There's a wonderful 1982 memoir called An Orphan in History by the late Village Voice writer Paul Cowan. It's about Cowan's search for his European Jewish roots, and in it he says something about the sacrifices of older generations of immigrants that's always stayed with me. Cowan says: "Millions of immigrant families . . . left the economically and culturally confining Old World towns where they were raised, and paid for the freedom and prosperity this country offered with their pasts."

Back in 1964, movie audiences were treated to three hit musicals. Two of them — Mary Poppins and My Fair Lady — won scads of Oscars. But it was the third that announced the future, and it did so from its opening chord.

What followed from that chord was what we call The Sixties.

From feisty kittens to pacing cheetahs, Vint Virga knows animal behavior.

A veterinarian who specializes in behavioral medicine, Virga has treated many household pets in his clinic. But for the past five years he has been working mostly with leopards, wolves, bears, zebras and other animals living in zoos and wildlife parks. He deals with such issues as appetites, anxiety and obsessive behavior.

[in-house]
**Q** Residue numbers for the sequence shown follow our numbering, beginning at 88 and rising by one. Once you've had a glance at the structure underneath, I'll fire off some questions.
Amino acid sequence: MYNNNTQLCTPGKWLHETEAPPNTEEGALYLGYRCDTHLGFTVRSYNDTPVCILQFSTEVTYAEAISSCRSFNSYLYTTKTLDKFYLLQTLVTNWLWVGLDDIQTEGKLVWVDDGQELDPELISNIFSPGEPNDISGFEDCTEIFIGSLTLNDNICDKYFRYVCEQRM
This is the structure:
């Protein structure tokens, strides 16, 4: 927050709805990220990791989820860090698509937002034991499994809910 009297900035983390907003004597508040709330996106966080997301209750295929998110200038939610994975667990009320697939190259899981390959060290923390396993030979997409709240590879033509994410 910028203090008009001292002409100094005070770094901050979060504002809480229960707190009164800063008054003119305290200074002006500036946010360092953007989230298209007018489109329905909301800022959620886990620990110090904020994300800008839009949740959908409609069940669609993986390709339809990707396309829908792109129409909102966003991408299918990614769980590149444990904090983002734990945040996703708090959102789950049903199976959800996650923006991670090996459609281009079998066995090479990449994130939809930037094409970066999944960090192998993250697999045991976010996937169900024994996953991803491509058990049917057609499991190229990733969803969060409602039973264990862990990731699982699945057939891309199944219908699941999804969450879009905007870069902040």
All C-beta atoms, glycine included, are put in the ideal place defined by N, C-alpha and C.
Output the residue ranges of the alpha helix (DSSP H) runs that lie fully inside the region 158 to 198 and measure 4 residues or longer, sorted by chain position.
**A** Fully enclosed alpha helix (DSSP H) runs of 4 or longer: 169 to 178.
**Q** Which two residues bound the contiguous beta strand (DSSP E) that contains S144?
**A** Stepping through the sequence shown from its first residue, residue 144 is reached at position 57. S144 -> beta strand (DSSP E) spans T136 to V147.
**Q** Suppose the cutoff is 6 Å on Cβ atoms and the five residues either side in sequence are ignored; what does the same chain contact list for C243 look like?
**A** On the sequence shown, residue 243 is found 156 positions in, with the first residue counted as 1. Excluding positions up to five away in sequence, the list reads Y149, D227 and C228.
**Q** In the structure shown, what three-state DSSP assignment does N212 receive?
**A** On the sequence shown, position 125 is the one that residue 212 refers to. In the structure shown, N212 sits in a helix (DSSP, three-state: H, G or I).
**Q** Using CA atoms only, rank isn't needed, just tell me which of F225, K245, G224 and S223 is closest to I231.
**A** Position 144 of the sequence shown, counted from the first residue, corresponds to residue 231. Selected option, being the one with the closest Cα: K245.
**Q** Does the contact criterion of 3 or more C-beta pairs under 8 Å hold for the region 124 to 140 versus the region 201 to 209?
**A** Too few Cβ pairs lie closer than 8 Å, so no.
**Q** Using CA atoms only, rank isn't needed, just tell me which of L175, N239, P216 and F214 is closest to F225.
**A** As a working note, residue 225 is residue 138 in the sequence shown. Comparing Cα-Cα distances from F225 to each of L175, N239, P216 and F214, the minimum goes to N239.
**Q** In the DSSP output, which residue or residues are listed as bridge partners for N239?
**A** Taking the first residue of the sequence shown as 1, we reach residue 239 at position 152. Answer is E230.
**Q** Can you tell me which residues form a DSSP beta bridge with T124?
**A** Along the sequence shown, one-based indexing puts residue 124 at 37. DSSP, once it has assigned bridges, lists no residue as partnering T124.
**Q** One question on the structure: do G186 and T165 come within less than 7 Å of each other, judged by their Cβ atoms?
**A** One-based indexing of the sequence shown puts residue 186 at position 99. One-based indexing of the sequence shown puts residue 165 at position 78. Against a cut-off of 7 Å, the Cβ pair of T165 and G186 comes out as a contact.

When Germany invaded the Soviet Union during World War II, Nazi commanders had another worry besides the Red Army. Epidemics of typhus fever, which is transmitted by body lice, killed untold numbers of soldiers and civilians during and after World War I.

As World War II raged, typhus reappeared in war-torn areas and in Jewish ghettos, where cramped, harsh conditions were a perfect breeding ground for lice.

Copyright 2014 NPR. To see more, visit http://www.npr.org/.

Transcript

TERRY GROSS, HOST: